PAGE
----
In 1926, a seventeenth-century trunk containing over 2000 unclaimed letters was bequeathed to the Dutch postal museum. The letters were closed using an ancient technique called letterlocking, in which the writing paper is intricately folded and secured to become its own envelopes. Now an international team of researchers has virtually unfolded and unlocked the contents of one of the letters and the findings were published on Tuesday in Nature Communications.
The team used a technique called X-ray microtomography. “The scanning technology is similar to medical CT scanners, but using much more intense X-rays which allow us to see the minute traces of metal in the ink used to write these letters,” explains one of the authors Dr. David Mills from the Queen Mary University of London in a release.
The team developed algorithms to virtually separate the different layers of the complicated folds in the letters.
“We were not interested in working on the project if the endgame was to tear open the unopened letters. The unopened letterpackets preserve invaluable letterlocking evidence,” explains lead author Jana Dambrogio in an email to The Hindu. She is from the Wunsch Conservation Laboratory, Massachusetts Institute of Technology (MIT) Libraries, Cambridge, and has been studying the intricate details of letters for twenty years.
Content of the letter
The study revealed that the letter, dated July 31, 1697, was written in French by a legal professional named Jacques Sennacques, from Lille (a city in northern France), who requires a “legalised” death certificate for a relation, Daniel Le Pers.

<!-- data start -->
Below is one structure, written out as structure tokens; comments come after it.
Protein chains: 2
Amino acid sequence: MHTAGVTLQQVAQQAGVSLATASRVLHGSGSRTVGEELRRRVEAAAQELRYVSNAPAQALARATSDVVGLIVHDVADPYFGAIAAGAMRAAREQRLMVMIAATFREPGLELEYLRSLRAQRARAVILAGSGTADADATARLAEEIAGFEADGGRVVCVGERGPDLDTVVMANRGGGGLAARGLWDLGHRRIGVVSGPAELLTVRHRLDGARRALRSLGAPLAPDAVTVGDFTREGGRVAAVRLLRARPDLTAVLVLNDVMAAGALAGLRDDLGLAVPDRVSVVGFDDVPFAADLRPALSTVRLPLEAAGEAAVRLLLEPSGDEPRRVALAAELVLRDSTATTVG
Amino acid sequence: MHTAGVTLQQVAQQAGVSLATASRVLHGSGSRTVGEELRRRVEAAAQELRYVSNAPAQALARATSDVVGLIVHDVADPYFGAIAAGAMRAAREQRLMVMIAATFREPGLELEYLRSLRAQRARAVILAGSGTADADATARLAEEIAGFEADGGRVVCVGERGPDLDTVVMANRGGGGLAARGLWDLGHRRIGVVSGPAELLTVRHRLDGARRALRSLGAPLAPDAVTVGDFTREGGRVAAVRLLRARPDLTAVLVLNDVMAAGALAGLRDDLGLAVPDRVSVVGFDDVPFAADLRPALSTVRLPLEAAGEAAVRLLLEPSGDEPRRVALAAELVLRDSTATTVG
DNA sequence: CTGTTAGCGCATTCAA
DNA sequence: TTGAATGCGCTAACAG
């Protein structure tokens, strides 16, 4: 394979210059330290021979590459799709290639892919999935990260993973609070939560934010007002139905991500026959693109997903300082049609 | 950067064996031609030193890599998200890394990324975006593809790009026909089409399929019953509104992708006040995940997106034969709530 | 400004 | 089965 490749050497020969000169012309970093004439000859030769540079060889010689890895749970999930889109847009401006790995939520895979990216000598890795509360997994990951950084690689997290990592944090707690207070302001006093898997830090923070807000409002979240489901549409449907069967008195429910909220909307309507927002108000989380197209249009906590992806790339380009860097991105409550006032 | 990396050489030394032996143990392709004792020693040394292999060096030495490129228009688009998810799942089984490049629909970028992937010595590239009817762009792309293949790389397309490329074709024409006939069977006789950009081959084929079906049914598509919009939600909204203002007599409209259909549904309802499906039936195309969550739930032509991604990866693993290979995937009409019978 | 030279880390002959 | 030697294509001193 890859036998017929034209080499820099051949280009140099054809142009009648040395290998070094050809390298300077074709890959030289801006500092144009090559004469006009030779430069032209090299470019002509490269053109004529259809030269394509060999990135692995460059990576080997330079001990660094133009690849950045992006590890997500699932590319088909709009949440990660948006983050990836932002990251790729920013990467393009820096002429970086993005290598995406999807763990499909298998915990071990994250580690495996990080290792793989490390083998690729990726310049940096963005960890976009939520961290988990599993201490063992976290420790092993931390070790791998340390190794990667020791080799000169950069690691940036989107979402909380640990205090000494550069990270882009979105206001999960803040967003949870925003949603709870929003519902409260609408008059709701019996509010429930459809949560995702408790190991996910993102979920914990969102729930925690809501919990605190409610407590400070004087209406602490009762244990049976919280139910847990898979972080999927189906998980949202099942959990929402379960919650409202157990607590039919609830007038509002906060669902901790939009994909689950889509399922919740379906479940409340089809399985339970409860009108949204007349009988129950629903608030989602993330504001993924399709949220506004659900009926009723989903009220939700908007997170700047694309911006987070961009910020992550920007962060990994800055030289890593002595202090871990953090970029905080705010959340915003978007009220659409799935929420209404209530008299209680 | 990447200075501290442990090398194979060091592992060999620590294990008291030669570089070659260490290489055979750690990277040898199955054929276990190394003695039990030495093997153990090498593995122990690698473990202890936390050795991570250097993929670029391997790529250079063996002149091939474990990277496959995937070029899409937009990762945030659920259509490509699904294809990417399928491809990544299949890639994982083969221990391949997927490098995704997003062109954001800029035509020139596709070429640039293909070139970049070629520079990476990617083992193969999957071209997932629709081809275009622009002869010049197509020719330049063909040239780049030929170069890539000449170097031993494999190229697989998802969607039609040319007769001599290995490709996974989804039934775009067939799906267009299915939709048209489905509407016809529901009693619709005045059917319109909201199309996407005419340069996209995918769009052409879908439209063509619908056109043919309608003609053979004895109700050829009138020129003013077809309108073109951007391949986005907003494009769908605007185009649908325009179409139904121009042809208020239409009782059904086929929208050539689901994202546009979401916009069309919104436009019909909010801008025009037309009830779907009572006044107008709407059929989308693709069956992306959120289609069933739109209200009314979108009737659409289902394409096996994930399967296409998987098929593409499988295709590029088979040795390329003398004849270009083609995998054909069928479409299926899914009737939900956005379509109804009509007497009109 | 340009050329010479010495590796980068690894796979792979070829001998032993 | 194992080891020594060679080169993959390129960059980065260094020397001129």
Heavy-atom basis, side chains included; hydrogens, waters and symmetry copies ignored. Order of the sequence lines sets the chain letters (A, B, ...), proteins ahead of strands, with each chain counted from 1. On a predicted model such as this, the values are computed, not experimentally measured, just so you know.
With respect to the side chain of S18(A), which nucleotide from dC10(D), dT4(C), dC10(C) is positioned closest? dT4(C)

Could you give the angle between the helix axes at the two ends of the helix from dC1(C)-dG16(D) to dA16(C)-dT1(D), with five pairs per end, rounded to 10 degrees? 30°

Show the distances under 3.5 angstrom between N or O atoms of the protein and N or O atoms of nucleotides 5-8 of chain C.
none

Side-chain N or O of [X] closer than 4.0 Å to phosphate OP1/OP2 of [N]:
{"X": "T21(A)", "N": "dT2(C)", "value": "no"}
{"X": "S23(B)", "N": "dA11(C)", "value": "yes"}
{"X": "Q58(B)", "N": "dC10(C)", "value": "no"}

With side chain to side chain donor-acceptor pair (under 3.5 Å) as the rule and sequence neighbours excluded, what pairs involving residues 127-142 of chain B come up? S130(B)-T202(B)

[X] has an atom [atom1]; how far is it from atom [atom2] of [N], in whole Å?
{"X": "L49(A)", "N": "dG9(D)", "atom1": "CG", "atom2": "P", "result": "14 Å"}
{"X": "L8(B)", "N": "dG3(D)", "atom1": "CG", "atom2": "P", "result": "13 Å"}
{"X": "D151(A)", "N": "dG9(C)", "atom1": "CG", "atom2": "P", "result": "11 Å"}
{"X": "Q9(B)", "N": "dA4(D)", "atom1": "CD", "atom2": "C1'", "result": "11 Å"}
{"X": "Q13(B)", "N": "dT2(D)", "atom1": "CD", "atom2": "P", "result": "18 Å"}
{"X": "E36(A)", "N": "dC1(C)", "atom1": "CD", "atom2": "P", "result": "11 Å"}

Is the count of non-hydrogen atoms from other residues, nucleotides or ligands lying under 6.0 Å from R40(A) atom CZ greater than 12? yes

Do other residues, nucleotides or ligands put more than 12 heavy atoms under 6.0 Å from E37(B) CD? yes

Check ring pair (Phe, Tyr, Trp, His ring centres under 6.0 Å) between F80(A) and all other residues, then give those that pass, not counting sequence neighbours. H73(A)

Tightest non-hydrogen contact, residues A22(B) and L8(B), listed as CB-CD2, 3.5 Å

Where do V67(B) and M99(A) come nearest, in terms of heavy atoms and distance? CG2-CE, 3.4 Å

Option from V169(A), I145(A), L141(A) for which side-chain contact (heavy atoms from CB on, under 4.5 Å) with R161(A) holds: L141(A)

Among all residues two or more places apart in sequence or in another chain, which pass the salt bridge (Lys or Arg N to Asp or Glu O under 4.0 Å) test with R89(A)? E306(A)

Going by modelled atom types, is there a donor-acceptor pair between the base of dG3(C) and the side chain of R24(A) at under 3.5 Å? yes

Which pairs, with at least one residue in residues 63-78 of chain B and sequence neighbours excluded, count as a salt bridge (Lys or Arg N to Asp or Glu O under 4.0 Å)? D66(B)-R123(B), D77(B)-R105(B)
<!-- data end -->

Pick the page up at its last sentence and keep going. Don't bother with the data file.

“Jacques doesn’t say why he needs this document, but it’s clearly an urgent request as he reminds Pierre that he’s asked for it before. The letter is important because it shows that family members were able to communicate across borders thanks to an efficient postal system. It also sheds light on the worries of ordinary people – most letters we have are by the elites, but this mundane letter reveals the more day-to-day business of people at the time.” says one of the authors David van der Linden, from Radboud University (The Netherlands), in an email to The Hindu.
“This is a great example of the everyday business of a lawyer more than 300 years ago. The people whose lives are recorded in the trunk were ordinary people in extraordinary circumstances – often separated from their friends, families, and patrons for reasons of religious persecution, or simply the enduring need to make money. These letters poignantly capture their attempts to maintain vital human connections across vast and sometimes dangerous distances,” adds Dr. Jana Dambrogio.
A seventeenth-century trunk of letters bequeathed to the Dutch postal museum in The Hague. The trunk belonged to one of the most active postmaster and postmistress of the day, Simon and Marie de Brienne, a couple at the heart of European communication networks. Courtesy of the Sound and Vision The Hague, The Netherlands. The trunk is part of the Brienne Collection.
The studied letter required at least eight folding and locking steps to transform the flat sheet of paper into a compact letterpacket. Dr. Dambrogio explains that there are hundreds of folding sequences in the collection and the virtual unfolding pipeline has helped study them
She says that the team is also interested in using this X-ray technique to study origami. “A challenge in origami is to accurately measure folded objects so that we can better understand if they truly ‘exist’ from a mathematical standpoint – if they can be folded without stretching the paper in any way. Another area of interest is to study important origami works whose designers have long since passed away and we have no record of how they were constructed,” she adds.